4. Water caloric tests: Bi-thermal caloric tests were performed; each ear was irrigated with water at temperatures of 30°C and 44°C for 40 s. The recordings of responses were conducted for 3 min. Canal paresis and directional preponderance were calculated according to Jongkees' formula.[20] Values >20% for canal paresis and 25% for directional preponderance were considered abnormal.


Statistical analysis

Analysis of data was done by IBM computer using Statistical Package for the Social Sciences, version 20 (SPSS Inc., Chicago, Illinois, USA), software as follows: description of quantitative variables as mean, standard deviation (SD) and qualitative variables as number and percentage. t-test was used for parametric data to compare quantitative variables (standard deviation <50% mean). Pearson's correlation test was used to rank different variables either in positive or inverse manner. Chi-square test was used for finding relations between nonparametric data. P > 0.05 was considered statistically insignificant, P < 0.05 was considered statistically significant, and P < 0.001 was considered highly statistically significant.


  Results Top


Demographic data and disease duration

Ages ranged between 16 and 55 years, with a mean age of 35 years (±9 years). There were 14 females (60%) and 6 males (40%). Half of the RA patients had disease duration ranging from 5 to 10 years [Table 1].
Table 1: Demographic data and disease duration

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Pure tone thresholds in rheumatoid arthritis patients

[Table 2] shows the means of pure tone thresholds in dB in RA patients subdivided into subgroups A and B. Subgroup A shows normal hearing sensitivity and subgroup B shows high-frequency sensorineural HL.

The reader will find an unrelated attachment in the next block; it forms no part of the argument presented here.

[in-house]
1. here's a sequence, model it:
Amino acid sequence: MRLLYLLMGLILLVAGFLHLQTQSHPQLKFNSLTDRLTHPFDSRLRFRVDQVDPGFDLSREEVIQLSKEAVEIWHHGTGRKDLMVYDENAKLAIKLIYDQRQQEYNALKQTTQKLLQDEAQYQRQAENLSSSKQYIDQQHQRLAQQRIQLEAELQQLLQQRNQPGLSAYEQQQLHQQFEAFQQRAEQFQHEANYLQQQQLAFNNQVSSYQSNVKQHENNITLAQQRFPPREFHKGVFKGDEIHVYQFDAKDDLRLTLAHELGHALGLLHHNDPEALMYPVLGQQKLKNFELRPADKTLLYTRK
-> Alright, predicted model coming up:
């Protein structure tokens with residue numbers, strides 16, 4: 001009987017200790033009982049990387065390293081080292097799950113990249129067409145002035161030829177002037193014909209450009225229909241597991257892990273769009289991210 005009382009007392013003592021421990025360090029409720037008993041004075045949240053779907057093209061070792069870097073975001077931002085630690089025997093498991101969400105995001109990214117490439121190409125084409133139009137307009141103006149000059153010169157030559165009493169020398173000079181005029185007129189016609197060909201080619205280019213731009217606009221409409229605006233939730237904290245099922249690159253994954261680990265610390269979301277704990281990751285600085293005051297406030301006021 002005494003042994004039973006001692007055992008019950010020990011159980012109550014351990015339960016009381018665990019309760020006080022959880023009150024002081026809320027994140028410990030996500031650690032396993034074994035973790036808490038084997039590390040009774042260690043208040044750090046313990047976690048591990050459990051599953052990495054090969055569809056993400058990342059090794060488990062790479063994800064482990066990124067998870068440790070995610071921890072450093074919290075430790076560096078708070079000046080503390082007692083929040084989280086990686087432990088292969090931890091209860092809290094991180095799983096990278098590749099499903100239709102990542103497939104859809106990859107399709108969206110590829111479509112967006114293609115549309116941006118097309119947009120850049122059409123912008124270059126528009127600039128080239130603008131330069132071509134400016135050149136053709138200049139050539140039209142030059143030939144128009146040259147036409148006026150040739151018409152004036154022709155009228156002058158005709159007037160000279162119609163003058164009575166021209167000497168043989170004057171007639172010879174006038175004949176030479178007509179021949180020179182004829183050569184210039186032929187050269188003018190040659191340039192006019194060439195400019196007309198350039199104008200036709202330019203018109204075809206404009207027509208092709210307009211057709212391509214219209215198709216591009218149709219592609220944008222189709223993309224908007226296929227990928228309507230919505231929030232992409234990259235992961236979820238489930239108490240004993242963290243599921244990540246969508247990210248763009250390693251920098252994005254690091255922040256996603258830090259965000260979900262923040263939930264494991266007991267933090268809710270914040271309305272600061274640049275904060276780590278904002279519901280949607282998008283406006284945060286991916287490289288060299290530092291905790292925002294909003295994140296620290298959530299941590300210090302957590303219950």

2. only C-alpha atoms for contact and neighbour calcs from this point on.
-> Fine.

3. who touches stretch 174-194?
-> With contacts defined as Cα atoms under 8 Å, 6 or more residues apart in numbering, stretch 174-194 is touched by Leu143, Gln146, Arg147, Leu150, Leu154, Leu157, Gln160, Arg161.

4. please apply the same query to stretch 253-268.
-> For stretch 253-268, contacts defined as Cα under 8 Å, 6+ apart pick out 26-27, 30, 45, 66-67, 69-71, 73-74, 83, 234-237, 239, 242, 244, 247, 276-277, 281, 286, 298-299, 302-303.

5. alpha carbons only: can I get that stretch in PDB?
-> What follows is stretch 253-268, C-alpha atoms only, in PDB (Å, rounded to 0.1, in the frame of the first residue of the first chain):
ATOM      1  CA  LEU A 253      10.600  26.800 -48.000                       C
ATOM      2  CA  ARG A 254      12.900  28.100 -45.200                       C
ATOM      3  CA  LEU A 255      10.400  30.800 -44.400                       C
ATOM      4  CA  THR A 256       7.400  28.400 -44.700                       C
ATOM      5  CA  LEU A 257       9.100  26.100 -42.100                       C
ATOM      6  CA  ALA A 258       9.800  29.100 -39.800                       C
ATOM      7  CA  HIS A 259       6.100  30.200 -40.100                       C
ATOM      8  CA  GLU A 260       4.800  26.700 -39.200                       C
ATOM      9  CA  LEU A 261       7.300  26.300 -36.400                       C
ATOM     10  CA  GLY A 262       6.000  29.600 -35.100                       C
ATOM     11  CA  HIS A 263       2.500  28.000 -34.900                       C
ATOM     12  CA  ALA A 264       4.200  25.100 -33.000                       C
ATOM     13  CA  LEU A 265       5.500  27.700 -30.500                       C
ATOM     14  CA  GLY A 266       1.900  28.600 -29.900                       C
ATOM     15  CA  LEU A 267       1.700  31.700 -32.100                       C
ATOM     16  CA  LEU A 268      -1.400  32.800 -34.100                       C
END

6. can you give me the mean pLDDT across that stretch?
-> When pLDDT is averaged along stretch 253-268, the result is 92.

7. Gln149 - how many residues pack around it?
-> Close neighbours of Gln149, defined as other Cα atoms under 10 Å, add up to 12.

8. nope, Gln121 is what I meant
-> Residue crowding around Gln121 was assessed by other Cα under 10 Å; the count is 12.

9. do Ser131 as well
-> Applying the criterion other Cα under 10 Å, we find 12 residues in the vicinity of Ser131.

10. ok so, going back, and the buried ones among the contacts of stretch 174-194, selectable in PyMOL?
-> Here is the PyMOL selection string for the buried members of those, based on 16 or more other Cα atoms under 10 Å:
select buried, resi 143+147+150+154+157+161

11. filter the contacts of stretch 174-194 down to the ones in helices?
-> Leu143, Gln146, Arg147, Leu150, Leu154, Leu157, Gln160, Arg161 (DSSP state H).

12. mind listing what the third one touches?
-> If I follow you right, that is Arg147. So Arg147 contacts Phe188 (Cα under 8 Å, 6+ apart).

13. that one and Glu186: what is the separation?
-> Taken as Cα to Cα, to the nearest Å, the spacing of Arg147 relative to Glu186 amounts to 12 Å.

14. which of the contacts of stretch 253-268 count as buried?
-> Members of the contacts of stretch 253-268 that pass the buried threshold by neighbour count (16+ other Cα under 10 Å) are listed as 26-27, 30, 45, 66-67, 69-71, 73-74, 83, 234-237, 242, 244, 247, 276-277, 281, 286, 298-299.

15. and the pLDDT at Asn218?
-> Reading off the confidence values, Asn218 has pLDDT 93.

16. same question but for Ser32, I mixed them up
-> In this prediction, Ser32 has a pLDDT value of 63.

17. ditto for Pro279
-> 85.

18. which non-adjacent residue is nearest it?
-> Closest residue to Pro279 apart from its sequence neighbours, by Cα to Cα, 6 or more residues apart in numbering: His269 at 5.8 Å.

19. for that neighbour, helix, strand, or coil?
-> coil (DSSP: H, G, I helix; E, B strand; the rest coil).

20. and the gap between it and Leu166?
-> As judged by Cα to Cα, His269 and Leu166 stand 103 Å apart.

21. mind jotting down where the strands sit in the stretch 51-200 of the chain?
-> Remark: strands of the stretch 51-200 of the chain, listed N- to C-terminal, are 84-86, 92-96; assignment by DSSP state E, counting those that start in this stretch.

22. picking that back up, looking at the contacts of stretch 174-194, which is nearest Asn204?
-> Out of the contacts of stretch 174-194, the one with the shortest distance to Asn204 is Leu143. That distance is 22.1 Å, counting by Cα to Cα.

Table 2: Mean pure tone thresholds in subgroups A and B

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Effect of age, sex, and duration of hearing loss on hearing sensitivity, vestibular-evoked myogenic potentials, and caloric testing in patients with rheumatoid arthritis

Age, sex, and duration of HL had no effect on hearing sensitivity, VEMP, and caloric testing in RA patients (P > 0.05) as shown in [Table 3], [Table 4], [Table 5].
Table 3: The effect of age, sex, and duration of hearing loss on hearing sensitivity

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Table 4: Comparison between subgroup C and subgroup D regarding age and duration of hearing loss

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Table 5: The correlation of age and duration of hearing loss with latency and amplitude of vestibular-evoked myogenic potentials

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Comparison between vestibular-evoked myogenic potential wave latencies and amplitudes among patients and controls, males and females, and among subgroups

As shown in [Table 6] and [Table 7], there was a highly significant difference in VEMP latencies between patients and controls (P < 0.001) and nonsignificant difference as regards amplitude (P > 0.05). There was no statistically significant difference in VEMP latencies and amplitude between males and females of the study group (P > 0.05). There was a nonsignificant difference between VEMP latencies and amplitudes among subgroups A and B.
Table 6: Comparison between vestibular-evoked myogenic potential wave latencies and amplitudes among patients, controls, males, and females

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Table 7: Comparison between vestibular-evoked myogenic potential latencies and amplitudes among different subgroups

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Video-nystagmography in patients with rheumatoid arthritis

All RA patients showed absence of spontaneous gaze-evoked positional and positioning nystagmus, normal oculomotor test, and unilateral caloric weakness in 12 ears [Table 8].
Table 8: Results of video-nystagmography tests

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  Discussion Top